On 12-12-2012 21:10, Curtis Maurand wrote:
On 12/12/2012 12:00 PM, Maciek Sokolewicz wrote:
On 12-12-2012 17:11, Curtis Maurand wrote:
I have several poisoned .js files on a server. I can use find to
recursively find them and then use preg_replace to replace the string.
However the string is filled with single quotes, semi-colons and a lot
of other special characters. Will
preg_relace(escapeshellarg($String),$replacement) work or do I need to
go through the entire string and escape what needs to be escaped?
First of all, why do you want to use preg_replace when you're not
actually using regular expressions??? Use str_replace or stri_replace
Aside from that, escapeshellarg() escapes strings for use in shell
execution. Perl Regexps are not shell commands. It's like using
mysqli_real_escape_string() to escape arguments for URLs. That doesn't
compute, just like your way doesn't either.
If you DO wish to escape arguments for a regular expression, use
preg_quote instead, that's what it's there for. But first, reconsider
using preg_replace, since I honestly don't think you need it at all if
the way you've posted
(preg_replace(escapeshellarg($string),$replacement)) is the way you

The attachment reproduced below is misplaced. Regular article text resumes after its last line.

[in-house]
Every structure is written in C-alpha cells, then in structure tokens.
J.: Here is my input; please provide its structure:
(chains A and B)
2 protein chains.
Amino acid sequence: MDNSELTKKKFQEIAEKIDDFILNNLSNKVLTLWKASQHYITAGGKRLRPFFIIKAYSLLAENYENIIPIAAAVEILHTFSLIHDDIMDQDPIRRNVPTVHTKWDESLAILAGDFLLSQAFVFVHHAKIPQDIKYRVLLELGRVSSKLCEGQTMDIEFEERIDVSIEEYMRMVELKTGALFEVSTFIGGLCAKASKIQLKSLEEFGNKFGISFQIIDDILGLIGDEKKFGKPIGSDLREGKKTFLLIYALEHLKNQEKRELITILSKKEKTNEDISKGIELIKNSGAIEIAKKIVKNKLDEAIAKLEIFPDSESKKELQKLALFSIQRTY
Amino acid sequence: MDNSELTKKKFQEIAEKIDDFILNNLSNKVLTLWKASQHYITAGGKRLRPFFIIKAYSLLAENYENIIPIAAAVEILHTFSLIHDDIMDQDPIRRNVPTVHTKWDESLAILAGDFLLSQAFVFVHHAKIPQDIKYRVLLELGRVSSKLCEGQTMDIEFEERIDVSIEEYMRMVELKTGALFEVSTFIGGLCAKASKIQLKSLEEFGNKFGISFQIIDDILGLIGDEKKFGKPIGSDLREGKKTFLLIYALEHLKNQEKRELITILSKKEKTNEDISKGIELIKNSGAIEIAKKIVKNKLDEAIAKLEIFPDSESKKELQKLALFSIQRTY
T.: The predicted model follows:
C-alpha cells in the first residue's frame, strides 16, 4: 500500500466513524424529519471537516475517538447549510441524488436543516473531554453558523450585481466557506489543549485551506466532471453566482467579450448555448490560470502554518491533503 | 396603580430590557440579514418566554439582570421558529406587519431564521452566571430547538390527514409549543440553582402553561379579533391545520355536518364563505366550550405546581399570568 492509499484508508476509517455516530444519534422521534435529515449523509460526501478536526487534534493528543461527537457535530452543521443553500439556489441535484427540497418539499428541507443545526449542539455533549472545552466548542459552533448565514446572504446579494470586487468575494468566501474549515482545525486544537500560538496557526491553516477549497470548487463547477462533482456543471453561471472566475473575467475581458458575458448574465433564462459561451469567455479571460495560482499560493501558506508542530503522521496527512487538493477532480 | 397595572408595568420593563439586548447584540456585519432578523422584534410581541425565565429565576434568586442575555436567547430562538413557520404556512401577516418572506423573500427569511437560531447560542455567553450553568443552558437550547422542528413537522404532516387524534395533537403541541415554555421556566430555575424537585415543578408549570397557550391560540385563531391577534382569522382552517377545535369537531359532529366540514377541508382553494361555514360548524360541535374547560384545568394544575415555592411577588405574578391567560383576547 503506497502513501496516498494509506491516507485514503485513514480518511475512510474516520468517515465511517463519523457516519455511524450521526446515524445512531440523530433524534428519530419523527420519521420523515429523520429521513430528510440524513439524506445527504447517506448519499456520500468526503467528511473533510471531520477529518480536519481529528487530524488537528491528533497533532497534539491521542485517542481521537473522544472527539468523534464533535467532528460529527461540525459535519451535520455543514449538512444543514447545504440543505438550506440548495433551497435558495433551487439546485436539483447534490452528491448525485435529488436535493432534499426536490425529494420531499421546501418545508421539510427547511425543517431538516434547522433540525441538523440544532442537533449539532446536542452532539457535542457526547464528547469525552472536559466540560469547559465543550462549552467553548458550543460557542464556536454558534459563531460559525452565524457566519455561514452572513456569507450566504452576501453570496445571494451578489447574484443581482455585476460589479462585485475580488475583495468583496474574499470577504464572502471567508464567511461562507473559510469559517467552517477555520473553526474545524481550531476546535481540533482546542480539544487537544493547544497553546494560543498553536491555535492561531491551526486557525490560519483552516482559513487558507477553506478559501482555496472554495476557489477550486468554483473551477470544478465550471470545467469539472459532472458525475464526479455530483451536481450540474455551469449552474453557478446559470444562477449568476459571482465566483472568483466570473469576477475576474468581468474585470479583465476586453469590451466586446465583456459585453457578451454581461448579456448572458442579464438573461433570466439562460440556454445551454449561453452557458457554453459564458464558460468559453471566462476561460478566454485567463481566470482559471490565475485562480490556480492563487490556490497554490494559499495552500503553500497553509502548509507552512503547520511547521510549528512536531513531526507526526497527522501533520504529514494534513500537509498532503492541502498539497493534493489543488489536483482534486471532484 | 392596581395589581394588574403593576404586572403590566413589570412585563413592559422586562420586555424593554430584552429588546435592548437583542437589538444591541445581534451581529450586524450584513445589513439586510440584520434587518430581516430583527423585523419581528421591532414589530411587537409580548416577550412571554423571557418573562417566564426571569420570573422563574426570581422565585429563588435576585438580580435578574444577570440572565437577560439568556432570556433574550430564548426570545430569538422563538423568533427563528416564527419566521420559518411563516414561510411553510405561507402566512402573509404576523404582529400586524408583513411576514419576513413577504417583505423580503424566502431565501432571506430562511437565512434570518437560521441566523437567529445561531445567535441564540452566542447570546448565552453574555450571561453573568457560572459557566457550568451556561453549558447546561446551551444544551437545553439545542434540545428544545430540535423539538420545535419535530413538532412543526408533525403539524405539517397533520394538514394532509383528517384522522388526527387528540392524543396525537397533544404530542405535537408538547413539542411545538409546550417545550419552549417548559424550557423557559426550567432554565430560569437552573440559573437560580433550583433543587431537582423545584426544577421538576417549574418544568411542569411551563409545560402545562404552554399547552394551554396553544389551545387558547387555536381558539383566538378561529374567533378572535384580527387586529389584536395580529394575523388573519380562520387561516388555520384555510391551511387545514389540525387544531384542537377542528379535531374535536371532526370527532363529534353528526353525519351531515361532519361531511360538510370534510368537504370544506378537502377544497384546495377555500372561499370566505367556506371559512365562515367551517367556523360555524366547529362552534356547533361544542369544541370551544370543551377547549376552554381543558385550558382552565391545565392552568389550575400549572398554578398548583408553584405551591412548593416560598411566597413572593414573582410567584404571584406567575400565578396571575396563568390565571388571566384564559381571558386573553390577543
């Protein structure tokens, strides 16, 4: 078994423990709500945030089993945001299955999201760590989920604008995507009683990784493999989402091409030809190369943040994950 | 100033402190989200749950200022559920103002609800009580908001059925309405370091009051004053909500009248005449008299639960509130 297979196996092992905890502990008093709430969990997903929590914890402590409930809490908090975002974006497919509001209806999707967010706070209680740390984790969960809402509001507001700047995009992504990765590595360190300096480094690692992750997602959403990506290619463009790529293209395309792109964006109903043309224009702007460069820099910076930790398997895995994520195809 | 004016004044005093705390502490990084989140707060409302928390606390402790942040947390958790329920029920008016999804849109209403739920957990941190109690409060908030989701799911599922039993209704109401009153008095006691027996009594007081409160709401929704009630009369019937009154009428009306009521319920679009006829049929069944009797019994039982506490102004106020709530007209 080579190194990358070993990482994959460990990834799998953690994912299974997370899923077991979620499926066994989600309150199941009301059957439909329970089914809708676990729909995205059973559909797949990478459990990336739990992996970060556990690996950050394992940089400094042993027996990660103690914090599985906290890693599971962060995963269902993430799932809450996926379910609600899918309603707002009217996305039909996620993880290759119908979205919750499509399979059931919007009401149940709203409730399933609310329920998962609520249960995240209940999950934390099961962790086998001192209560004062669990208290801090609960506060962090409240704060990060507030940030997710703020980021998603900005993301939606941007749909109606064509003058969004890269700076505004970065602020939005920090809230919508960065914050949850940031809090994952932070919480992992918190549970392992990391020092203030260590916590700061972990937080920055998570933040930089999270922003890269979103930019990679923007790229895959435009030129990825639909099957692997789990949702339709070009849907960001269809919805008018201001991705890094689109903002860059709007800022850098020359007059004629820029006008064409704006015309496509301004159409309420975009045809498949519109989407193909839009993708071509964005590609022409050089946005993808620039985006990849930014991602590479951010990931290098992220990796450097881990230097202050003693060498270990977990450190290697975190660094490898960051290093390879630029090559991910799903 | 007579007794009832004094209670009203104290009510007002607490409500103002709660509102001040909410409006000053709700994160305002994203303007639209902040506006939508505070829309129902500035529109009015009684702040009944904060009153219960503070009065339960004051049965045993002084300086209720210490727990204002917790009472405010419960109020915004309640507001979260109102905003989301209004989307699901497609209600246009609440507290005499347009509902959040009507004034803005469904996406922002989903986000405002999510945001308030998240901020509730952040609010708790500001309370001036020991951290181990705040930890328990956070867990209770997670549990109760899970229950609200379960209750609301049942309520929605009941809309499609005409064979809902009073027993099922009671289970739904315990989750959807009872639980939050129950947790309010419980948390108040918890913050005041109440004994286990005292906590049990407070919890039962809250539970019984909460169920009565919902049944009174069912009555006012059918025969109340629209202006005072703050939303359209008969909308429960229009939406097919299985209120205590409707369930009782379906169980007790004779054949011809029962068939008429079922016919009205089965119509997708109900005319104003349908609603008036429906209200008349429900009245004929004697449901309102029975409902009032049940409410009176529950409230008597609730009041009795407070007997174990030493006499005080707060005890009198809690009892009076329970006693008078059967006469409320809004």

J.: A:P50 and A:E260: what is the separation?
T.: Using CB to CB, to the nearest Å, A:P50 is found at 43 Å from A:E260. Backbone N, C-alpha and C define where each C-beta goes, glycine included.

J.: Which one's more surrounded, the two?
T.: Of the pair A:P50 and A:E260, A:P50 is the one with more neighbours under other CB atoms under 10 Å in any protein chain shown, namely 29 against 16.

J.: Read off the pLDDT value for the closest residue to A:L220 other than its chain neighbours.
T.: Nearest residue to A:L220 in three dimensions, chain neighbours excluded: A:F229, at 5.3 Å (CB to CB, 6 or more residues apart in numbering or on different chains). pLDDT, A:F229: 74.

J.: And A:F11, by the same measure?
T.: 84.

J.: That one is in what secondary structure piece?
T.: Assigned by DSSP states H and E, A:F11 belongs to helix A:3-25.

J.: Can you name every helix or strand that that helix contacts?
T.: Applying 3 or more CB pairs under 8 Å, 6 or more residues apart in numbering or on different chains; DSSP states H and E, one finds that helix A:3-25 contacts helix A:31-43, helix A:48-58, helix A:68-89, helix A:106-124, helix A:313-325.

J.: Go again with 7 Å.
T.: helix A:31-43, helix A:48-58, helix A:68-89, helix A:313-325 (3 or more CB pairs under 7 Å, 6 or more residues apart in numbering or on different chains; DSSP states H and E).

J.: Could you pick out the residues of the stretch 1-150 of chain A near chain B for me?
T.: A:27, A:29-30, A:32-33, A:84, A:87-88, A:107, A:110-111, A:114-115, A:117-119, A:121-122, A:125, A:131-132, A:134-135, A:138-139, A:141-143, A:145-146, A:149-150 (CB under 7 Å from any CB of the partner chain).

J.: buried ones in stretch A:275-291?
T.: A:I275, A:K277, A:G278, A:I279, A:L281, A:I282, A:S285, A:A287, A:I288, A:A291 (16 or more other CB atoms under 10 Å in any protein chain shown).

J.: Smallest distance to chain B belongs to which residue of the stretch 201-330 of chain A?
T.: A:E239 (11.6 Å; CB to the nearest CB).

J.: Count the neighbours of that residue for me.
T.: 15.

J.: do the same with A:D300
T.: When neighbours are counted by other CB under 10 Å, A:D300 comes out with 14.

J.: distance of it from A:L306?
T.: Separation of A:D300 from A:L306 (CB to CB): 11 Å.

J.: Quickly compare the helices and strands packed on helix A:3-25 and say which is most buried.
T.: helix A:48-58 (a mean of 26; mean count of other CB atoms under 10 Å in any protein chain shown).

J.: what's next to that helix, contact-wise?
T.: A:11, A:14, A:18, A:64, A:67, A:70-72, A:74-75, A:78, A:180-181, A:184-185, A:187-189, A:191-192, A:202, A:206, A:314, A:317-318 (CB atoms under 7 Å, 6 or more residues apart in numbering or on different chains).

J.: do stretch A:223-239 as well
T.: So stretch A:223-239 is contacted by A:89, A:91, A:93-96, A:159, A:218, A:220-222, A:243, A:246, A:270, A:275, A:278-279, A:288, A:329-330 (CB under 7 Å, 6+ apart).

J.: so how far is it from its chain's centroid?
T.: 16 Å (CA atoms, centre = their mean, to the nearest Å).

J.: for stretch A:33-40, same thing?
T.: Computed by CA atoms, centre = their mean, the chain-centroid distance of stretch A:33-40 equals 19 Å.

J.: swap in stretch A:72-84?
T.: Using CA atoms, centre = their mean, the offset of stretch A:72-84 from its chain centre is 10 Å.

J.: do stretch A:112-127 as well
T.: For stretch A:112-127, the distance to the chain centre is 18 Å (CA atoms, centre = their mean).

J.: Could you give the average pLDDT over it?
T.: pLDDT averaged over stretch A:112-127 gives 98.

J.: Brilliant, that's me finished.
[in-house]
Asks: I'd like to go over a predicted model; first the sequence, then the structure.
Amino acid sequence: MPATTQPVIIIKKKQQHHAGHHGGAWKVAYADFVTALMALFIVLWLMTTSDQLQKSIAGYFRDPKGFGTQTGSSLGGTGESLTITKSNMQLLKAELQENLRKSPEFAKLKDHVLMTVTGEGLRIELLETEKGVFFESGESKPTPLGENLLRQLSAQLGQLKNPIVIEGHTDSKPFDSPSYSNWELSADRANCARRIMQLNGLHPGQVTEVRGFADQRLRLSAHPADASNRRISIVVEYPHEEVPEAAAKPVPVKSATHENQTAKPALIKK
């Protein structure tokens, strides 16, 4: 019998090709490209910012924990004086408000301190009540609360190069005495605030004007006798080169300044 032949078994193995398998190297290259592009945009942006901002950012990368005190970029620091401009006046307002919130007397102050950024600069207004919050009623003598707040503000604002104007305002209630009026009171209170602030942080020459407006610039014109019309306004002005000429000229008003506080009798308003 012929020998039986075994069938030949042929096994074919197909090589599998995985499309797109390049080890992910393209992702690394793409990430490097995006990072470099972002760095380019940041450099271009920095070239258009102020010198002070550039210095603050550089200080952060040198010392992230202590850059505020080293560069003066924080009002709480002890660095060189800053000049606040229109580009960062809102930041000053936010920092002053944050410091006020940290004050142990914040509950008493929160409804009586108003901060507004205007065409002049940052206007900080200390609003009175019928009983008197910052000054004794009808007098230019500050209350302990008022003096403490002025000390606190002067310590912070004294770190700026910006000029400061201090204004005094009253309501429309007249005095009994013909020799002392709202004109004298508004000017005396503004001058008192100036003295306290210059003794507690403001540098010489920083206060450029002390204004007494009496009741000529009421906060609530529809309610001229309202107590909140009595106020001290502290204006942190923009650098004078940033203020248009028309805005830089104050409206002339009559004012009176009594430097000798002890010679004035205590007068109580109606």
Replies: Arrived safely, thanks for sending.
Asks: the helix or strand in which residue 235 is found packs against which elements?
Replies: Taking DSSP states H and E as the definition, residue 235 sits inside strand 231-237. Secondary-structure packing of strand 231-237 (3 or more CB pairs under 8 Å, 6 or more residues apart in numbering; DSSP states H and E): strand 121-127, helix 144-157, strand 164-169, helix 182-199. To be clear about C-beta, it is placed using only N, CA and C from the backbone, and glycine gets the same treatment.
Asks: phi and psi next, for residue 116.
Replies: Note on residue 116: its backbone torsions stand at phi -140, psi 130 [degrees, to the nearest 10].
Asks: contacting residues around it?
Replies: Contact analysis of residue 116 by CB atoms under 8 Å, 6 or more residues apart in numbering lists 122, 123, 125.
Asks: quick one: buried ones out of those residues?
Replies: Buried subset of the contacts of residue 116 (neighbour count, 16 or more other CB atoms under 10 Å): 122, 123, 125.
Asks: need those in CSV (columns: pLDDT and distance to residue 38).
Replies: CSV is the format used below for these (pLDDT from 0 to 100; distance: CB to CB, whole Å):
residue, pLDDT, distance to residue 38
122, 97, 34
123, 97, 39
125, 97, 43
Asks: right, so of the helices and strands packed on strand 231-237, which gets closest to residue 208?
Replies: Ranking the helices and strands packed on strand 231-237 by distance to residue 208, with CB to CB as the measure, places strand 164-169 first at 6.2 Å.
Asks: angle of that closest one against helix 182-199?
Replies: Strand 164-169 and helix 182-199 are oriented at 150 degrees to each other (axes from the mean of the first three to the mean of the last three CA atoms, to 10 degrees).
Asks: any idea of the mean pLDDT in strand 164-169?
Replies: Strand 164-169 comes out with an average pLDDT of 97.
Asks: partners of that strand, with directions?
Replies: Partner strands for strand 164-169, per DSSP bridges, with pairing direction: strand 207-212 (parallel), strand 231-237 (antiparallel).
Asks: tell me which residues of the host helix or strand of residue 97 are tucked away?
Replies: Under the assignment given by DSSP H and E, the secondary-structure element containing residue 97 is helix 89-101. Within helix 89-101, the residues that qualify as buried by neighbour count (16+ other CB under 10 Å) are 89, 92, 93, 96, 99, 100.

want to use it.
Thanks for your response. I'm open to to using str_replace. no issue
into a string that could then be processed. I'm not sure I can just put
that in quotes and have it work. There are colons, "<",">",
semicolons, and doublequotes. Do I just need to rifle through the
string and escape the reserved characters or is there a function for that?
Why do you want to escape them? There are no reserved characters in the
case of str_replace. You don't have to put anything in quotes. For example:
$string = 'This is a <string with various supposedly "reserved" ``\\ _-
echo str_replace('supposedly', 'imaginary', $string)
This is a <string with imaginary "reserved" ``\\- characters
So... why do you want to "escape" these characters?
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